City council can overrule library board decision on book

1 month ago Fremont Tribune

One debate about the presence of the book “Sex is a Funny Word” in Fremont’s Keene Memorial Library has been what entity has final authority over the book’s use in the library.

A review of the book by the five volunteers on the Keene Memorial Library Advisory Board is in process, and the board has placed the issue on the agenda for the board’s Feb. 20 meeting, said Library Director Laura England-Biggs.

But, contrary to past public statements, the volunteer board’s decision is not final. According to the Fremont Municipal Code, the city council has the authority to overrule any decision by the library board.

According to the city’s municipal code — specifically Chapter 3, Article 7, section 3-705 (h) library board — which states, “All actions of the Library Board shall be subject to the review and control of the City Council.”

For clarification on the interpretation of the city’s municipal code, the Tribune contacted City Attorney Travis Jacott as well as England-Biggs for official interpretation of the section of the code.

Jacott said he did not want to make comments or relay legal opinions on any interpretation of the municipal code, but did not deny that the reading of the code gives final authority over library board decisions to the eight-person city council.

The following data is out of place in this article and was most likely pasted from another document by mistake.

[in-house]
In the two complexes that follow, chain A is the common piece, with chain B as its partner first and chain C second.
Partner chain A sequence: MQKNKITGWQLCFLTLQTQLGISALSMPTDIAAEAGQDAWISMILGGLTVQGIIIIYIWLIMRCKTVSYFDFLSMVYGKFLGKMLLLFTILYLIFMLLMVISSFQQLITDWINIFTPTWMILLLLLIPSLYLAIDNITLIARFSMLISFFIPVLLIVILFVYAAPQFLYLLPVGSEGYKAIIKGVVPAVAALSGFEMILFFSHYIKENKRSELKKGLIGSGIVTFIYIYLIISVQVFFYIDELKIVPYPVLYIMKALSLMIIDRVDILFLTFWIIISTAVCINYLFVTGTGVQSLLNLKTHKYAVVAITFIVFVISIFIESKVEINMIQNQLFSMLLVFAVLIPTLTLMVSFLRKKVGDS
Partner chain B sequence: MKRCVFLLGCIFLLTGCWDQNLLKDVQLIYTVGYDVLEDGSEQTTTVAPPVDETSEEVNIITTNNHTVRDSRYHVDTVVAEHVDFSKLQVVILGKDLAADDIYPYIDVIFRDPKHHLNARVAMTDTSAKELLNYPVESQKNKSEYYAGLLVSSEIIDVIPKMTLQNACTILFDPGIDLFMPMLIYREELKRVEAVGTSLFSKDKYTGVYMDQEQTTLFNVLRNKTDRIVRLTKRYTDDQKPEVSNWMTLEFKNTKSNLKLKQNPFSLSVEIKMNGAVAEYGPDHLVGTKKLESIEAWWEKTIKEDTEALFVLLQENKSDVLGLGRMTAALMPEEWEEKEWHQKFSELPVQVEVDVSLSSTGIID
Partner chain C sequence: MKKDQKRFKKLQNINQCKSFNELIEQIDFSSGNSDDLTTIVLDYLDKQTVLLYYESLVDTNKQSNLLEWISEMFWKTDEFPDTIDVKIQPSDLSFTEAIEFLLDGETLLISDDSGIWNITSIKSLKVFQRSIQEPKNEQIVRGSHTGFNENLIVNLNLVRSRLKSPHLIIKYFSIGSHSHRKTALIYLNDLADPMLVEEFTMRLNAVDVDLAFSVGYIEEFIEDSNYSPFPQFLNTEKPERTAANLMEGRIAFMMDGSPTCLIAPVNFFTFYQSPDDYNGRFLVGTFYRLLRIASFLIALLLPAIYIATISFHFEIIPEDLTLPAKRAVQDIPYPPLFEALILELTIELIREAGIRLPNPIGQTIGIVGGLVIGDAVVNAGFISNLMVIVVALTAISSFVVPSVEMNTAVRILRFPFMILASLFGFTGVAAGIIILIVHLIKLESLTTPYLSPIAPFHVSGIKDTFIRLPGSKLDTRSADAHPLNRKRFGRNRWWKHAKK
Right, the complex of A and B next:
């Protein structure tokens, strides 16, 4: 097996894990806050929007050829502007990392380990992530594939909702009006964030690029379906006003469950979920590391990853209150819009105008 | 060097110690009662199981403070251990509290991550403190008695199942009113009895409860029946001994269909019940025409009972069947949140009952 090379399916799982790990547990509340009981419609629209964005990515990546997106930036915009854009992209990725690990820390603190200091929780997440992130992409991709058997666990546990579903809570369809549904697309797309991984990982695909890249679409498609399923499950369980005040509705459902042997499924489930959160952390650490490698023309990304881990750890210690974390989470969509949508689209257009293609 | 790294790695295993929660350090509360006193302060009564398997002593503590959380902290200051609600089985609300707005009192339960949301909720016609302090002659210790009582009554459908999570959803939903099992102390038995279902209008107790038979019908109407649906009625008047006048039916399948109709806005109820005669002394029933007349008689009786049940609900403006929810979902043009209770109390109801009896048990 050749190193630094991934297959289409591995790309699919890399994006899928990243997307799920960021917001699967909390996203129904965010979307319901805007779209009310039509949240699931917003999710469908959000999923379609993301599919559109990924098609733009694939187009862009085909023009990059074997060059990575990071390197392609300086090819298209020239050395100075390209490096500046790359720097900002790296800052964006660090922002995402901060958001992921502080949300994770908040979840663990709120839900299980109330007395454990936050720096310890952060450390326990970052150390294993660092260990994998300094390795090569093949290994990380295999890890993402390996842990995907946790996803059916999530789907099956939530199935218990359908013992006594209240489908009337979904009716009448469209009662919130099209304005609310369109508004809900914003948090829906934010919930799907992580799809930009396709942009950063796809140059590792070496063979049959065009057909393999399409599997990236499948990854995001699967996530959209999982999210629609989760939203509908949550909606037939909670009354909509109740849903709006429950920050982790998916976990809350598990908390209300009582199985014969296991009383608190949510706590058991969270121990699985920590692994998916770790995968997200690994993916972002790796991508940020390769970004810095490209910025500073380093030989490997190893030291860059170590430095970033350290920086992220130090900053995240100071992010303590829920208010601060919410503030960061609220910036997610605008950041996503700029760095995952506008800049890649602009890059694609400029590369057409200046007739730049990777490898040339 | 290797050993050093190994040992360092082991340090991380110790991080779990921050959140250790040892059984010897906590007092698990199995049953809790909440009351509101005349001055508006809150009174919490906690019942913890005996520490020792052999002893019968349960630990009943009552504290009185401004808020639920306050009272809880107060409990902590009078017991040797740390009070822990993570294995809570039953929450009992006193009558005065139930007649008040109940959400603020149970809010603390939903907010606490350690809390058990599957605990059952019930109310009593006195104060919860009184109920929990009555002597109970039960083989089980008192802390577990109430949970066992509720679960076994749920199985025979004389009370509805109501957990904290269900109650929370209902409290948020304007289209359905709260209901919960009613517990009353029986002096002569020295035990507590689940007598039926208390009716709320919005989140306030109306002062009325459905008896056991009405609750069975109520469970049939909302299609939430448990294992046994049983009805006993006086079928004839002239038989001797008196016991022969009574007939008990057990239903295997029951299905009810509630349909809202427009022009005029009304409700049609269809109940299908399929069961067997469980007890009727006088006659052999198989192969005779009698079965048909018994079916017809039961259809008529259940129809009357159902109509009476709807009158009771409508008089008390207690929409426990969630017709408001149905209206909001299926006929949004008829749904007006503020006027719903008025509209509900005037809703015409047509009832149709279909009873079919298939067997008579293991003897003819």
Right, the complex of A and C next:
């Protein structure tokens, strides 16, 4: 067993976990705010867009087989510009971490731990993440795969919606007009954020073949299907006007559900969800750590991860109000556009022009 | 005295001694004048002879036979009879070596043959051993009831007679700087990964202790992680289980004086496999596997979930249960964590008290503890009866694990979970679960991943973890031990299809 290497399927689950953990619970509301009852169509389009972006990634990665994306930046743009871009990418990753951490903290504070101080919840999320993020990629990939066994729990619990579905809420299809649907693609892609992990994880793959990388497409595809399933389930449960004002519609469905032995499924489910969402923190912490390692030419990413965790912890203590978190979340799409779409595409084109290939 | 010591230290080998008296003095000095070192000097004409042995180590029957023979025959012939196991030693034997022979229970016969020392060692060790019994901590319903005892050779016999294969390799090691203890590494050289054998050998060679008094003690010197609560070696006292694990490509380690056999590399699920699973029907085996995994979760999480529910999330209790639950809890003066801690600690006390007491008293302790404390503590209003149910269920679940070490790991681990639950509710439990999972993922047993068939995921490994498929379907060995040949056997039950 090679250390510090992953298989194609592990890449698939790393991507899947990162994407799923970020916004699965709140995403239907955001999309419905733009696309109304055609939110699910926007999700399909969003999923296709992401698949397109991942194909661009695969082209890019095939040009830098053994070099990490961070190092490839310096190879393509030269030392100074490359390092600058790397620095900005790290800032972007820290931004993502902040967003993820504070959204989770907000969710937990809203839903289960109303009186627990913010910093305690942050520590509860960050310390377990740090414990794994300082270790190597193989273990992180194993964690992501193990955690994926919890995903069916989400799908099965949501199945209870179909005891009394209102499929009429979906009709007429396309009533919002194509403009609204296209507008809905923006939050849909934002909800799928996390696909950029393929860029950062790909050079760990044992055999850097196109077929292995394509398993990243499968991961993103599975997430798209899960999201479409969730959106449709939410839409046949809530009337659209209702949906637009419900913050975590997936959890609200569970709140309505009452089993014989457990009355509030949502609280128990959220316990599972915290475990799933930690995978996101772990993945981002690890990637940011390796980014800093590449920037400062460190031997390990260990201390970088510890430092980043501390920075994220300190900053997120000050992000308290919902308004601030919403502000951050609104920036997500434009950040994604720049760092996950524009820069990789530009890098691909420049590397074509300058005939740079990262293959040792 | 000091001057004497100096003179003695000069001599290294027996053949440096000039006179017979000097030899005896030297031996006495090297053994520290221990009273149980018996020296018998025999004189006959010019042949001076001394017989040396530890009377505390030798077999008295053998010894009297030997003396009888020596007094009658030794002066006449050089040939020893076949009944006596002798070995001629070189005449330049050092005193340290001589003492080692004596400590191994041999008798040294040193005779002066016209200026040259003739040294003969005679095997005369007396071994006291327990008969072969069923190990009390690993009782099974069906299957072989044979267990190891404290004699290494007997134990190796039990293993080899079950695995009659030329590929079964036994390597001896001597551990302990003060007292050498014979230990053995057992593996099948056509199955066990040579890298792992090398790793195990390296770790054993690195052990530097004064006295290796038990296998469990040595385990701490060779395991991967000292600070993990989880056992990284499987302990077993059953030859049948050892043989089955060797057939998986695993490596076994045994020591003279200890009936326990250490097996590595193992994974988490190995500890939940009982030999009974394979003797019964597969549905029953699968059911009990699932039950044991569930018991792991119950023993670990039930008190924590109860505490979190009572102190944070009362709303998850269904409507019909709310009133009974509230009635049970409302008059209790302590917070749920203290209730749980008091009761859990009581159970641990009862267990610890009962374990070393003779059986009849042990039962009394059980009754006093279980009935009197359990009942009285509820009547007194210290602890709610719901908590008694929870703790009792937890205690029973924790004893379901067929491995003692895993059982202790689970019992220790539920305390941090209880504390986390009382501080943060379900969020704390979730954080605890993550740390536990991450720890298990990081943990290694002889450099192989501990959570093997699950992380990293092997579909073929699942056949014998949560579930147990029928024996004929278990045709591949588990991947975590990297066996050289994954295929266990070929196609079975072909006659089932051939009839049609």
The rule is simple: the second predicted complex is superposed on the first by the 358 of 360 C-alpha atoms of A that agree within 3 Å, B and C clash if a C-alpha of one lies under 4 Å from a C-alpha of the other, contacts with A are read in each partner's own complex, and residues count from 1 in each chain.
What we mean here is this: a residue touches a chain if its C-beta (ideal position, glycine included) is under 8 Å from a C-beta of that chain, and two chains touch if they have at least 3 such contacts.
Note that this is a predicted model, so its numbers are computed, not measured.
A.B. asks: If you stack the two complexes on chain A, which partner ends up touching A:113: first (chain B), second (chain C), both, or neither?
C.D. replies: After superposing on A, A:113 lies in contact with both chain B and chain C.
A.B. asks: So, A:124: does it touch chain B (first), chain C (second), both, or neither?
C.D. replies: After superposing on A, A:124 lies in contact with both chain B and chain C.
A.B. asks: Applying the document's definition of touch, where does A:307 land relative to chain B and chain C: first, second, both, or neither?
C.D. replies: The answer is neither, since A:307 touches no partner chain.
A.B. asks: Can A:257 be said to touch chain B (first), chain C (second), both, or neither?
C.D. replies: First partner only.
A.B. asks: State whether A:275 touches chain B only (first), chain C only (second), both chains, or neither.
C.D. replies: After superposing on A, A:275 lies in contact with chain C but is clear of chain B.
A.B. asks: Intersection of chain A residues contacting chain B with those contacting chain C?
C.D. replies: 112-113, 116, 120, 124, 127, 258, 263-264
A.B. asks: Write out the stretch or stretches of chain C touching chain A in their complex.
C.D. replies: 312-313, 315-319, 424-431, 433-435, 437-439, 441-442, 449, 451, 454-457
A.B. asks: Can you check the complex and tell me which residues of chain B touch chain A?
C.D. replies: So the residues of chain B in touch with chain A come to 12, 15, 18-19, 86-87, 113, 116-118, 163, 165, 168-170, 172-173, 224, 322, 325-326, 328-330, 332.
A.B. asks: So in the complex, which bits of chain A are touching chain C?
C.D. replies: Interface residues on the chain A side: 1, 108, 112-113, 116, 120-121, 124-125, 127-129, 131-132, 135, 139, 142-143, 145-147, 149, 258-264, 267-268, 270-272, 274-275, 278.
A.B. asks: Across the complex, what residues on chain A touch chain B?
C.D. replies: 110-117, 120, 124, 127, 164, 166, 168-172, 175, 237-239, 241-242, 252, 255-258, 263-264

“I am not comfortable giving out legal opinions. I have no comment on that. I would say that we would look at that section to see what authority the library board has,” Jacott said in a telephone interview. “I think the ordinance speaks for itself. If the issue comes up, I will advise the board and council what to do. I think the ordinance speaks for itself.”

England-Biggs reaffirmed Jacott’s assessment, and said she is now aware that the city council has authority over the library advisory board. She also said the library’s policy of the advisory board being the final decider over books and materials does not follow the city’s municipal code.

“I would have to agree with Travis on that. He has the legal expertise. The way the policy is written, unfortunately, it may not be accurate,” England-Biggs said. “

Under the current process, if a resident or library contests books or other library materials, and fills out an official complaint form, the initial review and decision falls on England-Biggs. If the library director decision is contested, a complainant can then appeal to the five-member Keene Memorial Library Advisory Board.